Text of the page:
(Now don’t get me wrong, I’m still a fan of Marty’s, he’s one of our most versatile presenters, and a lovely man. I spent a few hours in his company when he presented the Roscommon People of the Year Awards many years ago, and he could not have been nicer).

  Anyways, it just ‘came on’ on Saturday night, and before I could take drastic action, there was a fine, friendly Roscommon man in front of us. And I had no idea of the current (they keep changing the ‘games’) format, but within a minute of kick-off the Roscommon man had won a new car!

  So well done to Roscommon Hospital employee Brendan Leech, winner of that new car (and €5K). And while we’d really like Marty to tone it all down a little, we’ll stay loyal to the silver-tongued national treasure.


Is this really happening?


Speaking of well-known ‘RTE Martys’…I see on the cover of the Sunday Independent’s Life magazine that Marty Morrissey is posing in the spot normally occupied by Miriam O’Callaghan.

  There’s Marty and comedian Bernard O’Shea, both in dress suits, complete with bow ties, staring dreamily from the front cover, under the headline ‘A fine bromance: When Marty met Bernard’.

  I was going to say ‘there are no words’ but unfortunately there are thousands of them inside, in a four-page special.

  It seems that the bizarre and relentless process of transforming the GAA commentator, decent man Marty, into some sort of all-round celebrity, is being cranked up.

  From what I can gather from this er…cover story, the latest development is: GAA commentator and journeyman comedian make a two-part television series about male grooming. Yep, coming soon. That’s it.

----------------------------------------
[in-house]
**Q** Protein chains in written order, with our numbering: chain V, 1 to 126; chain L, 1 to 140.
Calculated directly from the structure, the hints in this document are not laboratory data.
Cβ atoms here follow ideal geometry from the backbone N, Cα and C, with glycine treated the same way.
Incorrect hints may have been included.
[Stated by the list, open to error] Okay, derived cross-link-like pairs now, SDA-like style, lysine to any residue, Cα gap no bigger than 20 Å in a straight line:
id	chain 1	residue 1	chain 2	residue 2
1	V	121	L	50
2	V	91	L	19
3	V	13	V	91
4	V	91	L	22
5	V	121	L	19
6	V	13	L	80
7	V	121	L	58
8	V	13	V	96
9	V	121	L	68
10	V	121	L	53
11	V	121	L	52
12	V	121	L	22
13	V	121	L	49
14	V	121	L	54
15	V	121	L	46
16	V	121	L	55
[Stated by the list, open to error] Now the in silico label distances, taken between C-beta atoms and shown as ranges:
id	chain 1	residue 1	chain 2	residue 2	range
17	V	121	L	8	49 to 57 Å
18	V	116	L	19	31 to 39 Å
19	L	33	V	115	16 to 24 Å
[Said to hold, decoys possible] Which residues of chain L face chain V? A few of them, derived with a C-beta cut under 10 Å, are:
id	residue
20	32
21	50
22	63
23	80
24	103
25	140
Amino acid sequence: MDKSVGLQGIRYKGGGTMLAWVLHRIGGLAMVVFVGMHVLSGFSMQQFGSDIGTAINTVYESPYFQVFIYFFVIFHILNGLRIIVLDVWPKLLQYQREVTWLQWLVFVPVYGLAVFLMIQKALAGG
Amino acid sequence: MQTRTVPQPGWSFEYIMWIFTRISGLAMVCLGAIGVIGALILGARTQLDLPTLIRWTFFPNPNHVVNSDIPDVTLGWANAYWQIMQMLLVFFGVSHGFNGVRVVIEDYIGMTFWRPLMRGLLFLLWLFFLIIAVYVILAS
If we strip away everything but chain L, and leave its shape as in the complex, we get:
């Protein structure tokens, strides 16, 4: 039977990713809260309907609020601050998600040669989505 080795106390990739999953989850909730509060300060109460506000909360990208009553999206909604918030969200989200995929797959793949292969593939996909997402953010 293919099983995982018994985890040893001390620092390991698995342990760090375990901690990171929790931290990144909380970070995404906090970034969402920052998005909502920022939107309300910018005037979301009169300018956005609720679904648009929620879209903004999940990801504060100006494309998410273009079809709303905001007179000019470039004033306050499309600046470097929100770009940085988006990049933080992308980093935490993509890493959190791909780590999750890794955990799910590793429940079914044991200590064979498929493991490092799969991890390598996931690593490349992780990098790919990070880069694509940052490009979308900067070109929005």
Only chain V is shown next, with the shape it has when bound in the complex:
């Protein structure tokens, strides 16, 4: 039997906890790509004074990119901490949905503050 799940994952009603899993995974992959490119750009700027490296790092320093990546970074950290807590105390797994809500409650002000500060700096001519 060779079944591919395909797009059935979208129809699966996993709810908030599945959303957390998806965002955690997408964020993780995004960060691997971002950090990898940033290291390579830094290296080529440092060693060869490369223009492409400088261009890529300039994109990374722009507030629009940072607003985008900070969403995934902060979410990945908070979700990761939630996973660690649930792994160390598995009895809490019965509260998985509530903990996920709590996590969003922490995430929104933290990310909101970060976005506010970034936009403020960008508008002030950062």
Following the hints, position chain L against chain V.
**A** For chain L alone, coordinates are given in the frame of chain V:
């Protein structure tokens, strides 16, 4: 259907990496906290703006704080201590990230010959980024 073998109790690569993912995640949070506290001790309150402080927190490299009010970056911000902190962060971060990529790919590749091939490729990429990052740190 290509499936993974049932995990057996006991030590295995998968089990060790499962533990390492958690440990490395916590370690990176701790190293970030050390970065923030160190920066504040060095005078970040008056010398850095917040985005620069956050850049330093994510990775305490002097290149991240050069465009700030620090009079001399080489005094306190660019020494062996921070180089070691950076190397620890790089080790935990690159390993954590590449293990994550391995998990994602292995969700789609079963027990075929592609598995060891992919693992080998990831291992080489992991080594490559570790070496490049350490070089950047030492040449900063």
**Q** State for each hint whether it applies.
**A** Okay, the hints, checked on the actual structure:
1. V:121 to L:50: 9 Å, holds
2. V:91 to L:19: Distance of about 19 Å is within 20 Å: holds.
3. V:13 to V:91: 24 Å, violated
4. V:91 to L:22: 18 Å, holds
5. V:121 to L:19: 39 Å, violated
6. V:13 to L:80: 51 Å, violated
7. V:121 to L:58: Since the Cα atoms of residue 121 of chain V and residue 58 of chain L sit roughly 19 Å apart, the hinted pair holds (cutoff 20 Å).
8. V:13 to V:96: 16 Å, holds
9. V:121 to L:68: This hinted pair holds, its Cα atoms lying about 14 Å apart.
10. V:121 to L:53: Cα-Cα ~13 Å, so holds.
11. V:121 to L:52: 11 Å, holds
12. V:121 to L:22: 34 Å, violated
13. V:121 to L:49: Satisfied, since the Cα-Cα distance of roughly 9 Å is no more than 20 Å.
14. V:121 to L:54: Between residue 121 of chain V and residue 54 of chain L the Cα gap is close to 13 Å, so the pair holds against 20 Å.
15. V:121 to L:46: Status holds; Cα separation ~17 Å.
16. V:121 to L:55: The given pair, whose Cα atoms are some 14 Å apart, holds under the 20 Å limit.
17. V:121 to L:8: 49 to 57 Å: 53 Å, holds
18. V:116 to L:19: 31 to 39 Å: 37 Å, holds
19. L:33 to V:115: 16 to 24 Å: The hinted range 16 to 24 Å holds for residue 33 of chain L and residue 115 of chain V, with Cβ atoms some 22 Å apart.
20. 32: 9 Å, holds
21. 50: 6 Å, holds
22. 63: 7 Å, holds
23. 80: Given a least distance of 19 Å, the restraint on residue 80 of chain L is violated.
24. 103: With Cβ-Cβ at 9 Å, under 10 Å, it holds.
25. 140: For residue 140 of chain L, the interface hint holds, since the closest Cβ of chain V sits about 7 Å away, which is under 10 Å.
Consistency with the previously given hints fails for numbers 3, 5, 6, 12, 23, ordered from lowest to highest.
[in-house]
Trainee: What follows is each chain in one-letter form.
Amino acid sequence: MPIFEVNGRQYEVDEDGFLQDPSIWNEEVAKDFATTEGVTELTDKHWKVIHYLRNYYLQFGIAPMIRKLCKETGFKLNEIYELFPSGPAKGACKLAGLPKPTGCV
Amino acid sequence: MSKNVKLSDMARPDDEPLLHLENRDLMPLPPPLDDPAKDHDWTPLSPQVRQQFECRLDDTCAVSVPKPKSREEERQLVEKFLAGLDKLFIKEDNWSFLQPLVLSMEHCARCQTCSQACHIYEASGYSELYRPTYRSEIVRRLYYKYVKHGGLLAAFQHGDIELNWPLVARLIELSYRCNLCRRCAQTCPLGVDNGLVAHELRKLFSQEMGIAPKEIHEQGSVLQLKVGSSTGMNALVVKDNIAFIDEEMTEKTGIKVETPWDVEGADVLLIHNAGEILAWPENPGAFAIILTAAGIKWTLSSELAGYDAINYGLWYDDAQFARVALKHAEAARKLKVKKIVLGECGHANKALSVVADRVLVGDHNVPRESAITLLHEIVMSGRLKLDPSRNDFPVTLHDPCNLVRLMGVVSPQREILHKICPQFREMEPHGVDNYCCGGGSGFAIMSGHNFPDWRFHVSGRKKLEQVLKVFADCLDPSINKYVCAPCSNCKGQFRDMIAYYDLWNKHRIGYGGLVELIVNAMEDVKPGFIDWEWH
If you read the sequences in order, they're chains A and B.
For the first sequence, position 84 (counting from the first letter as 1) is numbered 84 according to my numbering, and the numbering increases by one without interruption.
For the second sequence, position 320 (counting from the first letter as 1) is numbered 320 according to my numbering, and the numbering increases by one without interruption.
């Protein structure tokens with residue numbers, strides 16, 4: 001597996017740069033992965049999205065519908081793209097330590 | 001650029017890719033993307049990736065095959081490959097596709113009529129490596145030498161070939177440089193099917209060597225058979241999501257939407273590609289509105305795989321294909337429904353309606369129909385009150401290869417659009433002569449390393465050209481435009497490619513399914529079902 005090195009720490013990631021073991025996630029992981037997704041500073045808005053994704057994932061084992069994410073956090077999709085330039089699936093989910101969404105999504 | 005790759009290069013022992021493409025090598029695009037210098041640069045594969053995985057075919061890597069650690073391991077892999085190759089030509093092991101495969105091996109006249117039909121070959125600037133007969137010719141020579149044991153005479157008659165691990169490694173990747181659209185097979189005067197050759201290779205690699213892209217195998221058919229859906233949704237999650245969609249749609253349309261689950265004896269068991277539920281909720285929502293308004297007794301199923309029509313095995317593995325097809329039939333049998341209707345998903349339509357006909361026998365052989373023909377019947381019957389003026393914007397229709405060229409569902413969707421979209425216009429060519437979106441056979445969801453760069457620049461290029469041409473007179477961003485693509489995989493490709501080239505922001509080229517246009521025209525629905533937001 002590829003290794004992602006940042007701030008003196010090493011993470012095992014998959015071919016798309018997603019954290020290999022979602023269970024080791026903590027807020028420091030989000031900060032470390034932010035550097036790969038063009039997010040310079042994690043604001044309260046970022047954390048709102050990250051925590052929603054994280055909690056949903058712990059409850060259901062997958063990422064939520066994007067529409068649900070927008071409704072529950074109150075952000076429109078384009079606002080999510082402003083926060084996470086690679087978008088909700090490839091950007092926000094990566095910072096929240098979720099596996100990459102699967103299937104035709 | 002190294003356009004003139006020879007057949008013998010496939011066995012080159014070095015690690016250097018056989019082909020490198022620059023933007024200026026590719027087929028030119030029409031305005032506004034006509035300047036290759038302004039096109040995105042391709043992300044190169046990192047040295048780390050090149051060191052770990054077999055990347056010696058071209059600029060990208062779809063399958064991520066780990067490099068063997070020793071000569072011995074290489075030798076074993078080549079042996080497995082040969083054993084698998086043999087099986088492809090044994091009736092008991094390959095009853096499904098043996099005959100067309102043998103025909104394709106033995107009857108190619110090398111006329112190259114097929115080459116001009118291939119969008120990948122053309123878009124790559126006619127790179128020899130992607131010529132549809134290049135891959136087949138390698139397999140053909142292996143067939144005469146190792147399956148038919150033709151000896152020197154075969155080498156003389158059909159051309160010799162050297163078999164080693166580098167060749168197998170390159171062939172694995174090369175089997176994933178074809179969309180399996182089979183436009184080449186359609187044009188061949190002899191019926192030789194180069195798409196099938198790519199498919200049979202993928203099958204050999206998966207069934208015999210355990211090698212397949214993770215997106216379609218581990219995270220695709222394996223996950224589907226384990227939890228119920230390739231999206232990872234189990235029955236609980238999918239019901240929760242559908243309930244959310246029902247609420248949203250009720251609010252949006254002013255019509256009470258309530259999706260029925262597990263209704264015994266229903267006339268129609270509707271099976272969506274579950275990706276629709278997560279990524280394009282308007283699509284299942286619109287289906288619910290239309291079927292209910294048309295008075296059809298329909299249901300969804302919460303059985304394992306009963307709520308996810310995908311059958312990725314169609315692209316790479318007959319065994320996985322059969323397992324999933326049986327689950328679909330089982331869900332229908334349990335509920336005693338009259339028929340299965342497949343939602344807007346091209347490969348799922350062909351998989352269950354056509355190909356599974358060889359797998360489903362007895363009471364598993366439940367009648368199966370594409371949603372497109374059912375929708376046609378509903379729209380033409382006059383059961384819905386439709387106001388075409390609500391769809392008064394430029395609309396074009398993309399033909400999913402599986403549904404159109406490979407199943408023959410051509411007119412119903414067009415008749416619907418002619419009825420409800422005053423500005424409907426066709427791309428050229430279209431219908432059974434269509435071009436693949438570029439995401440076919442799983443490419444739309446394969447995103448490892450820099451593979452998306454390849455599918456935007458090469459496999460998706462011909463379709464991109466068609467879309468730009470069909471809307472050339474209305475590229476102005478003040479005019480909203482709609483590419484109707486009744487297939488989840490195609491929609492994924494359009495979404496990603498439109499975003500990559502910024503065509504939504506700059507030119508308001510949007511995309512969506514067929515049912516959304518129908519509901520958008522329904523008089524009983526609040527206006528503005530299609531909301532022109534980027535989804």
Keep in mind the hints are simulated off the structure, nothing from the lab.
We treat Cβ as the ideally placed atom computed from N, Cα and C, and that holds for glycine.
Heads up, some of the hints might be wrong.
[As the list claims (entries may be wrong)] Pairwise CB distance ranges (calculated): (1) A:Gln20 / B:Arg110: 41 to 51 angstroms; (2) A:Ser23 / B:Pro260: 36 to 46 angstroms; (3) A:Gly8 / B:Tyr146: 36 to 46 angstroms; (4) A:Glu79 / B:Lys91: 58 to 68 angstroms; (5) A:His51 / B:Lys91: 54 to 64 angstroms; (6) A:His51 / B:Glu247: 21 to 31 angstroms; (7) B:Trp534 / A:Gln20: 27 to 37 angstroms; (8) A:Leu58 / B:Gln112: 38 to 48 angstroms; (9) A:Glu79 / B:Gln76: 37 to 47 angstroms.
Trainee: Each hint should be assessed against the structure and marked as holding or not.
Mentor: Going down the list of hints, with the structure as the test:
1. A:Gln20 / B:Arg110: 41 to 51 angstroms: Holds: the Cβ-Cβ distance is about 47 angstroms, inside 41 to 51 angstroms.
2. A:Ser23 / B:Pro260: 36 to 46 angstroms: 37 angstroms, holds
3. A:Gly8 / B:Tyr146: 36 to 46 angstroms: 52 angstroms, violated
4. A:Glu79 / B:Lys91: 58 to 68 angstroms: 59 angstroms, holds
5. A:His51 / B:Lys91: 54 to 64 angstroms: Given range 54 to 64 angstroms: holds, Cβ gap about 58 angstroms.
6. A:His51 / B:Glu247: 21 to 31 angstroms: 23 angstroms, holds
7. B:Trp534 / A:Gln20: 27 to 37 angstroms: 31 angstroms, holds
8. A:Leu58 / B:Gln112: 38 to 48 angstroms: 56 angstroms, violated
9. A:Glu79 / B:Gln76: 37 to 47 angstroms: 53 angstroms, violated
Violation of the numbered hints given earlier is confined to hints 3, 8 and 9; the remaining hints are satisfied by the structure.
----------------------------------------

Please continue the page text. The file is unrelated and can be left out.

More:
Miriam must be fuming.


The Dublin fans, the mayhem, the cattle…






In this column last week, I wrote about the occasion in the 1970s when Dublin fans went on a bit of a rampage in Roscommon on the night before a match between the two counties.

  Not only did they fight, break windows and cause general mayhem, but according to folklore, they allegedly broke into the mart, released cattle and rode them down Castle Street.

  Last week, I invited readers with any recall of that night of mayhem to get in touch. My invitation was ‘half in jest’, but in fact I got a great response!

  A number of people that I’ve spoken to since last week have confirmed that the ‘night of mayhem’ most certainly happened. One man insisted ‘1976’. Needless to say, over four decades on, when it comes to recalling the detail there is a bit of ‘rustiness about the rustling’. But we are making progress on salvaging this night from the past, and if you read on, you will get the perspective of a Garda who was present that night…and we also find out more about the extraordinary story of the ‘stolen cattle’.

The Garda’s eyewitness account!

I received a detailed account of the ‘night of mayhem’ from a Garda who was on duty on the night.

  The now retired Garda contacted me during the week and confirmed that all the drama on the night happened in the Castle Street area.

  “I was a very young Garda in Roscommon at the time” he began. “On the Saturday night before the Roscommon/Dublin game, fans congregrated around the Royal Hotel. Fans always congregated there when there were matches on”.

  Yes, that I could vouch for myself!

  Back to our friendly ex-Garda, whom I must say recalled the night with some nostalgia.

  “So”, he continued, “on the Saturday night, the Dublin fans were outside the Royal, and after a while there was bedlam. Castle Street was blocked off. We arrived in the only squad car we had, two or three young Guards. It was mayhem, with Dublin fans breaking windows and throwing punches”.

  The Gardai made a number of arrests, which wasn’t easy in the madcap prevailing circumstances.

  “There were fellas hanging on to the squad car…batons were drawn. Peace was finally restored after several outbreaks of fighting”.

  But it was really only half-time…

  The Gardai brought whatever few offenders they had managed to arrest straight up to the cells in the Garda Station.  Suddenly it was “all calm” on Castle Street, with hundreds of Dublin and Roscommon fans drinking on the still impassable street. Then, out of the blue, a Co. Roscommon man upended a Dublin supporter and “all hell broke loose again”.  

  Back in the Garda Station, the apprehended Dublin fans – still the worse for wear – were having the craic with the local Gardai, not to mention insisting that they were innocent.